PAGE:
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Working on my Mercedes W123 and my friend's very rare Lancia Dedra LX

Whole chunks of metal were gone from the inner side of the front discs. No idea how that happened.

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Spanner mate Peter arrived early this morning with his very rare Lancia Dedra LX. We checked and Peter should now, being a professional classic car appraiser. His Lancia is considerably more rare than say a Ferrari GTO. There are only a few of these Lancias left here in the Netherlands, probably in the world.

Peter will admit the Ferrari has the better value though!

Anyway, we had to prepare the car for the APK (Dutch MOT). First thing, both front brake disc and pads needed replacing.

First the left side. The jack and axle stand underneath. All these sorts of brake systems are pretty much the same. Still, they all come with subtle differences. So it always takes a bit of experimenting on how to pull them apart.

At first glance, these discs don't look too bad and the brake pads are fine.

But look at the inner side of the disc!

We had never seen anything like it. Normally the disc wears more or less evenly. There might be a bit of a ridge on the outer diameter, but here whole chunks of metal were gone. No idea how that happened.

The outer side is ok.

When you replace the discs, you should always replace the brake pads, even these looked almost new with hardly any wear. Looking very smart. I had never seen a disc with this sort of finish. Looks almost as if it was sprayed. I checked, it was not!!

Same procedure on the other side. We turned the Lancia around for easier access.

If you look very closely, you can just spot the wire from the brake pad wear sensor. Remarkably, the Lancia is equipped with 1 (one!) brake pad sensor. Some people claim it is some very remarkable clever Italian engineering. Peter and I think it is because Italian accountants were involved, not engineers.

It looks very smart with the new discs!!

Everything came apart very easily. This is often one of the most difficult parts when working on brakes. Especially old brakes on old cars, that might have been standing idle for a considerable amount of time. Luckily even pushing the calipers back in to accommodate the new pads was quite easy.

The rubbers that hold the exhaust in place were also in very poor shape, so we replaced all three.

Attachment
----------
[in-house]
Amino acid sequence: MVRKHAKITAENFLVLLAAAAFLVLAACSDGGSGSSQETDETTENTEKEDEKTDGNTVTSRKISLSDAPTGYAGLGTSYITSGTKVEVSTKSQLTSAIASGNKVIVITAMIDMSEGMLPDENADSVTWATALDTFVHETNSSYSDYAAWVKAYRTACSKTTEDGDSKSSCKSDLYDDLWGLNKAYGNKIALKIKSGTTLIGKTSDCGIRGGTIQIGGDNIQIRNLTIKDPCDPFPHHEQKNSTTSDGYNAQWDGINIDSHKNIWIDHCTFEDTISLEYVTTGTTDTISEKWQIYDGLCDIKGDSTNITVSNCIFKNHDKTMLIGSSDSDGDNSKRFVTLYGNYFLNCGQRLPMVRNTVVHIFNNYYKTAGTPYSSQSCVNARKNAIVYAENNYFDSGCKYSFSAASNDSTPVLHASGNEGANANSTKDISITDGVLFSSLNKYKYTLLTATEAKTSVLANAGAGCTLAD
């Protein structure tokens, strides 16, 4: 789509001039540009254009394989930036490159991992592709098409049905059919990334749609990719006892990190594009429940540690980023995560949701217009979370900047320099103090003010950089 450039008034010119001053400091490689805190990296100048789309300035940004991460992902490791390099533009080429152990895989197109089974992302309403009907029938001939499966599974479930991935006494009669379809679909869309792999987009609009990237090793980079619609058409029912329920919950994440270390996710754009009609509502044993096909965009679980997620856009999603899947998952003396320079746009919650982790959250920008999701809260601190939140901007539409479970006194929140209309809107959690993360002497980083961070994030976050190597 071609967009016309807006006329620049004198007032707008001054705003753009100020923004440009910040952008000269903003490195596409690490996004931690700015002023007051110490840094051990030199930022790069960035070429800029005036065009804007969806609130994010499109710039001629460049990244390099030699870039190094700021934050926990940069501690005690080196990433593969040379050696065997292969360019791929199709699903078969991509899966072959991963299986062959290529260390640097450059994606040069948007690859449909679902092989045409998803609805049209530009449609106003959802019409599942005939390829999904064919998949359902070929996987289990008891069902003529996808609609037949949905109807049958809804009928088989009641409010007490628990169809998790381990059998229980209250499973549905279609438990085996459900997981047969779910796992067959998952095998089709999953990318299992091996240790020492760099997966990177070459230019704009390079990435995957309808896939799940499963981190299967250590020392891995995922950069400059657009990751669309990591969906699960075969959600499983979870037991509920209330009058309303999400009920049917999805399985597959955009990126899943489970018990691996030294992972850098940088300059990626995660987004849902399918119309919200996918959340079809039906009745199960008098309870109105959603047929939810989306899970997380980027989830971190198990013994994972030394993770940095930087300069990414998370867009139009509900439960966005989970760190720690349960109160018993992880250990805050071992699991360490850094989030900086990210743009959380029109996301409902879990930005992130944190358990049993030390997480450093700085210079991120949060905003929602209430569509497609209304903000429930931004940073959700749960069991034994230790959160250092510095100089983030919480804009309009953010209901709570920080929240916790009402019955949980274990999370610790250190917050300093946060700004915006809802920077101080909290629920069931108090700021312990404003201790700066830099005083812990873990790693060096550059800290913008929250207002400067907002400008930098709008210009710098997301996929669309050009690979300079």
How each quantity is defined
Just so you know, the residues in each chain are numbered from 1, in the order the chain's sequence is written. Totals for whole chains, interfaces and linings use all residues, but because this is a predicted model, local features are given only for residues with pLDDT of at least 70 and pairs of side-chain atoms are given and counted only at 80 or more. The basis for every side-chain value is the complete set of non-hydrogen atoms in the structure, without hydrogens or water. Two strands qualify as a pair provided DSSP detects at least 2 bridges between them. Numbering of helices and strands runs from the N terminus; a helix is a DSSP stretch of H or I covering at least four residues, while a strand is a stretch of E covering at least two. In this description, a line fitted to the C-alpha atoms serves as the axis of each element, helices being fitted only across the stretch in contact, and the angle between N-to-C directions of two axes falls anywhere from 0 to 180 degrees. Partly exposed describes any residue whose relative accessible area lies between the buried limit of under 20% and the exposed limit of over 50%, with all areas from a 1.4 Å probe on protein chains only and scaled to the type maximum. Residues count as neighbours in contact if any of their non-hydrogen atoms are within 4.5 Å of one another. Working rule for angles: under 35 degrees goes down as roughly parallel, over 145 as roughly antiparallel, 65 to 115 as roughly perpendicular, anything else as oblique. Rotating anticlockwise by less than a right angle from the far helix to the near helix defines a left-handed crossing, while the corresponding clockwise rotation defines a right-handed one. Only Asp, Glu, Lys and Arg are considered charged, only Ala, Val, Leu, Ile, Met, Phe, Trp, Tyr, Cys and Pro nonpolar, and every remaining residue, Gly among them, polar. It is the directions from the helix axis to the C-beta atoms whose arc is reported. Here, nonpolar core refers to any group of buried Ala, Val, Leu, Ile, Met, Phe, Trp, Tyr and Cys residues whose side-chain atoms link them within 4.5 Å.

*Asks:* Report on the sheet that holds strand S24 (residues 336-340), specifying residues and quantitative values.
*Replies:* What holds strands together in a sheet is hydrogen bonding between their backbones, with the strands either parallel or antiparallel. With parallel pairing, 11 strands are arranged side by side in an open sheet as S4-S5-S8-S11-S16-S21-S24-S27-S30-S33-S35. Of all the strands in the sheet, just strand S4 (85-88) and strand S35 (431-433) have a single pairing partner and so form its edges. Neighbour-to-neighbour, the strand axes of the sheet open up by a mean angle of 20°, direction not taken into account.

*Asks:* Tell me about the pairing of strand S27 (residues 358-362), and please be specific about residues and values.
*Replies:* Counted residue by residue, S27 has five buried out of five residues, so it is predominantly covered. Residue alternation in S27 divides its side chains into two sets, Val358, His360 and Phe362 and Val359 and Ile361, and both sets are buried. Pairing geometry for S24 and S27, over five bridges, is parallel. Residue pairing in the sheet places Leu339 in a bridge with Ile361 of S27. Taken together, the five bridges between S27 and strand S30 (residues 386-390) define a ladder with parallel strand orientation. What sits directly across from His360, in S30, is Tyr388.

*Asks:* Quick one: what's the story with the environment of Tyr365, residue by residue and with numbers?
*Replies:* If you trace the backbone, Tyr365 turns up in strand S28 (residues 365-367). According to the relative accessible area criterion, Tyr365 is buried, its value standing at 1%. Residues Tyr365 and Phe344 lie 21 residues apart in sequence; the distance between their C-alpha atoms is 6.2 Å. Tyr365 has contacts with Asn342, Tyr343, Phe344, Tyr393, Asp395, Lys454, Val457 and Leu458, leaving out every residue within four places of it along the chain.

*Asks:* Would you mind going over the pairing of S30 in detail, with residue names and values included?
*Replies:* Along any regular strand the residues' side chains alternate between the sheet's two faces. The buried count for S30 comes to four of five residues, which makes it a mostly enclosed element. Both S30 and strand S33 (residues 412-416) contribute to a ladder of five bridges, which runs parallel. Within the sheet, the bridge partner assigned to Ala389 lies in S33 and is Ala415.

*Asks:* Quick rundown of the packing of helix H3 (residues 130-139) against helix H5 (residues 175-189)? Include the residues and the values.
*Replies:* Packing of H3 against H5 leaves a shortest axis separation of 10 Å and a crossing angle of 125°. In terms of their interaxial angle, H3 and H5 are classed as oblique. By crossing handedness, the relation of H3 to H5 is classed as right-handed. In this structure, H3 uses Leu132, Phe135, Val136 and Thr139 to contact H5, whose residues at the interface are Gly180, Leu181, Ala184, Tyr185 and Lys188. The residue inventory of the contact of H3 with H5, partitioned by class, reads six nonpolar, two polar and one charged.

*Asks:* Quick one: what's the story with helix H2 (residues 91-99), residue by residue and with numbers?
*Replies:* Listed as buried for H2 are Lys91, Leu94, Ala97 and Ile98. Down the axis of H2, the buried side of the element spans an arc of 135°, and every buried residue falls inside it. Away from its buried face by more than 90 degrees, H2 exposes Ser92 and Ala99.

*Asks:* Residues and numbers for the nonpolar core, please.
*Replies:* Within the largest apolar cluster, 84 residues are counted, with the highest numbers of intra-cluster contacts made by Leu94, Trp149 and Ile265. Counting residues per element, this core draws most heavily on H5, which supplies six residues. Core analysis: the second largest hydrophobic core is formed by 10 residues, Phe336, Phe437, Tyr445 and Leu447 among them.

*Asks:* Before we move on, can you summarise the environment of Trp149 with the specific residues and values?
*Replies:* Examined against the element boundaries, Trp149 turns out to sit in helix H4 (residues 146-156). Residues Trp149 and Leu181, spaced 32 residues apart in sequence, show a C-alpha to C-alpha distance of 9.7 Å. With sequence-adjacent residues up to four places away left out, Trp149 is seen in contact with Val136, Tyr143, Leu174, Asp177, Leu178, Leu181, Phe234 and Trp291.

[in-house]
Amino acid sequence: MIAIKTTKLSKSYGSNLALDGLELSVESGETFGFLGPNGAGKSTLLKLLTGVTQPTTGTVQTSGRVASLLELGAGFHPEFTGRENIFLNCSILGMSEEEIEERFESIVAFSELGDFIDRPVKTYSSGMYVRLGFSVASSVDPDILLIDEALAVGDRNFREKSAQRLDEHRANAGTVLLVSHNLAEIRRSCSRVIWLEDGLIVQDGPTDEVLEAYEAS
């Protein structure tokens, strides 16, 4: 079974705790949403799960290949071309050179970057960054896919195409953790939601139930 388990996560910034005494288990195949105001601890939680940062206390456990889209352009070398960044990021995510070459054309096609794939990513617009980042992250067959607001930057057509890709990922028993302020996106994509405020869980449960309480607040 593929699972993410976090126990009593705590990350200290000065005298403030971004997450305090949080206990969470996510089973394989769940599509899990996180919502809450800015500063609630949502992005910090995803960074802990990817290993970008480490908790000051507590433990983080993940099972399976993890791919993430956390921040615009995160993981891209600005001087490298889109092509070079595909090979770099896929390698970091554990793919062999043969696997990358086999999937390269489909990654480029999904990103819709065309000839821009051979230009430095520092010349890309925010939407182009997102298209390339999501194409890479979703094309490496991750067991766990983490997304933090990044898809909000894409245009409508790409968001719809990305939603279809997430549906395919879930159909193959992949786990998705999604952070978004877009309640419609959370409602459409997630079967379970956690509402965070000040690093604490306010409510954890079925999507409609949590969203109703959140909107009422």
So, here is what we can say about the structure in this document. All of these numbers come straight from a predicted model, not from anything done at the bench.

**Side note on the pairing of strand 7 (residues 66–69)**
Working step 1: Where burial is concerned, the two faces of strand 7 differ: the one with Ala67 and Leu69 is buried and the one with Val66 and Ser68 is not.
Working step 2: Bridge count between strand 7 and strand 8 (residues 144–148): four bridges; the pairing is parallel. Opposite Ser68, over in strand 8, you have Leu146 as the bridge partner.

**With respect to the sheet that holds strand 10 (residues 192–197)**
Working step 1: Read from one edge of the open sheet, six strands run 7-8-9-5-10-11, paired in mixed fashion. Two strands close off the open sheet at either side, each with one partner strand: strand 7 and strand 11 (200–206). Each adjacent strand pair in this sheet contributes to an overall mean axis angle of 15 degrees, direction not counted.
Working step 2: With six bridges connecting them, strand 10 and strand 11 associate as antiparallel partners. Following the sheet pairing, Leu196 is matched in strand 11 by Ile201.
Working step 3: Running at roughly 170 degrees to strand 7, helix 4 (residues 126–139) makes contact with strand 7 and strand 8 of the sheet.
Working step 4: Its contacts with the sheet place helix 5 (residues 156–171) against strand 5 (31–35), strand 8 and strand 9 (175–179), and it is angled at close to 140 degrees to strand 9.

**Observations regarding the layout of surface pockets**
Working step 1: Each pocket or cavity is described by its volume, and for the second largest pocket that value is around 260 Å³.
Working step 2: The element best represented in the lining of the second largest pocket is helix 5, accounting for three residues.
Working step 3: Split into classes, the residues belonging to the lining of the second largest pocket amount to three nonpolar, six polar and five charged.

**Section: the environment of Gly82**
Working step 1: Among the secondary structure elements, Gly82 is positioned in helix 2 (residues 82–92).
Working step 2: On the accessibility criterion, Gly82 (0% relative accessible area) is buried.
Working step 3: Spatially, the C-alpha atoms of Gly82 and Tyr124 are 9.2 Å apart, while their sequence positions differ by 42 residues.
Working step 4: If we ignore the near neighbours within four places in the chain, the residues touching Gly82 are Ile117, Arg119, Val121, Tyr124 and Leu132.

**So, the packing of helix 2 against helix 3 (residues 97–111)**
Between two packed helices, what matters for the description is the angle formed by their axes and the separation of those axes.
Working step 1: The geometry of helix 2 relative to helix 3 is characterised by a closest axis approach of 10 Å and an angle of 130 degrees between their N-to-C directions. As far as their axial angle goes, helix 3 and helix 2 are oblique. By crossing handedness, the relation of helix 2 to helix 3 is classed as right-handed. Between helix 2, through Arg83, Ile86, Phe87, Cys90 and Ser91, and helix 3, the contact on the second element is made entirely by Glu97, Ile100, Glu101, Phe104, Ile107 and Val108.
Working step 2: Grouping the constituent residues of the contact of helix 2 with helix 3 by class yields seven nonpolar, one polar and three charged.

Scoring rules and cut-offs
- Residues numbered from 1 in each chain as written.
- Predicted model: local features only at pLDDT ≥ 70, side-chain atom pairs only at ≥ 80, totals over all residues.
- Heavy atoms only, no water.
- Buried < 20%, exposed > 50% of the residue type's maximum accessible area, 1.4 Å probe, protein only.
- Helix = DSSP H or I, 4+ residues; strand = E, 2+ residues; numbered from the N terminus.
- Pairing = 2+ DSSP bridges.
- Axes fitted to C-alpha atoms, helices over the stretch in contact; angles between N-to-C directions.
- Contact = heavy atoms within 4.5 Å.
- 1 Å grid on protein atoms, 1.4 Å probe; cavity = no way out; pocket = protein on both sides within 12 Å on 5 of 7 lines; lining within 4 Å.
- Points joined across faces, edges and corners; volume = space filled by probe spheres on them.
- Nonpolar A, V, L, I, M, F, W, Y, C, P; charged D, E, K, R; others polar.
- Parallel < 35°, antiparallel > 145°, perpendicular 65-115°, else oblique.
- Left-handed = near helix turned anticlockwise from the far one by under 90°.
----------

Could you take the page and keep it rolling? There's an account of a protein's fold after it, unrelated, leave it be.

Did I say poor shape? Cancel that, completely deteriorated to the point of breaking is a more apt description.

Here you see the rubber at the very end of the exhaust. A bit fiddly to get it off and worse to put it back on. I was very pleased with myself having fitted it back on. Only to realise I had put the old one on, instead of the new one. Practice makes perfect as they say.

Next back to the Mercedes W123. As I mentioned earlier, after much debate, discussion and head-scratching the only conclusion was that the distribution chain is one tooth off. So the camshaft is trailing 18 degrees behind the crank, at dead centre position.

So we made several different markings on the chain and the gear wheel.

Next, I grounded off, two of the protruding ends of one shackle.

Very carefully, we don't want to damage anything

Peter is in full safety gear. Grinding is hard on the eyes and lungs!!

Notice how we had used metal wires to tie both ends of the chain to the top of the engine. You don't want to chain dropping inside the engine. Lots of rages to prevent dirt, filings and tools from dropping into the inside of the engine.

More grinding is done.

Done, I could pop the little connector plate of the shackle.

Both Peter and I lifted the respective ends of the chain out of the sprocket. We carefully rotated the camshaft one tooth and put the chain back onto the sprocket wheel. Pushed a new locking plate onto it. This was the biggest challenge, it must have taken us about an hour to get this damn little thing in place.

With it finally in place, I used my special chain punch to secure the new shackle.

I finished by tapping the two tiny end bits with a punch and a hammer. Finally, I checked the diameter. Our improvised riveting technique had ensured that the little protruding pin, now flattened was about 0.2mm larger than the pin diameter itself. More than sufficient.

I gave a couple of full turns on the crank to ensure none of the valves was hitting a piston. Better safe than sorry.

Next, re-installed the chain tensioner, the dynamo, spark plugs, spark leads, air inlet filter and all the other bits and pieces.

The Mercedes fired up right away and I took it for a test drive. I have not been on the motorway yet, but I am very happy to report the "stuttering" is finally gone. The engine runs very smoothly, with much better pick-up and acceleration too.

I used my scope to quickly check the ignition timing. I think it is a bit off. I will call Cor, my friendly W123 specialist and arrange to visit him. I can't adjust the CO myself. I don't have a CO analyser. Very expensive bit of kit. When you adjust the CO levels, you also adjust idle and pre-ignition all at the same time.

So very happy with all these jobs done successfully.

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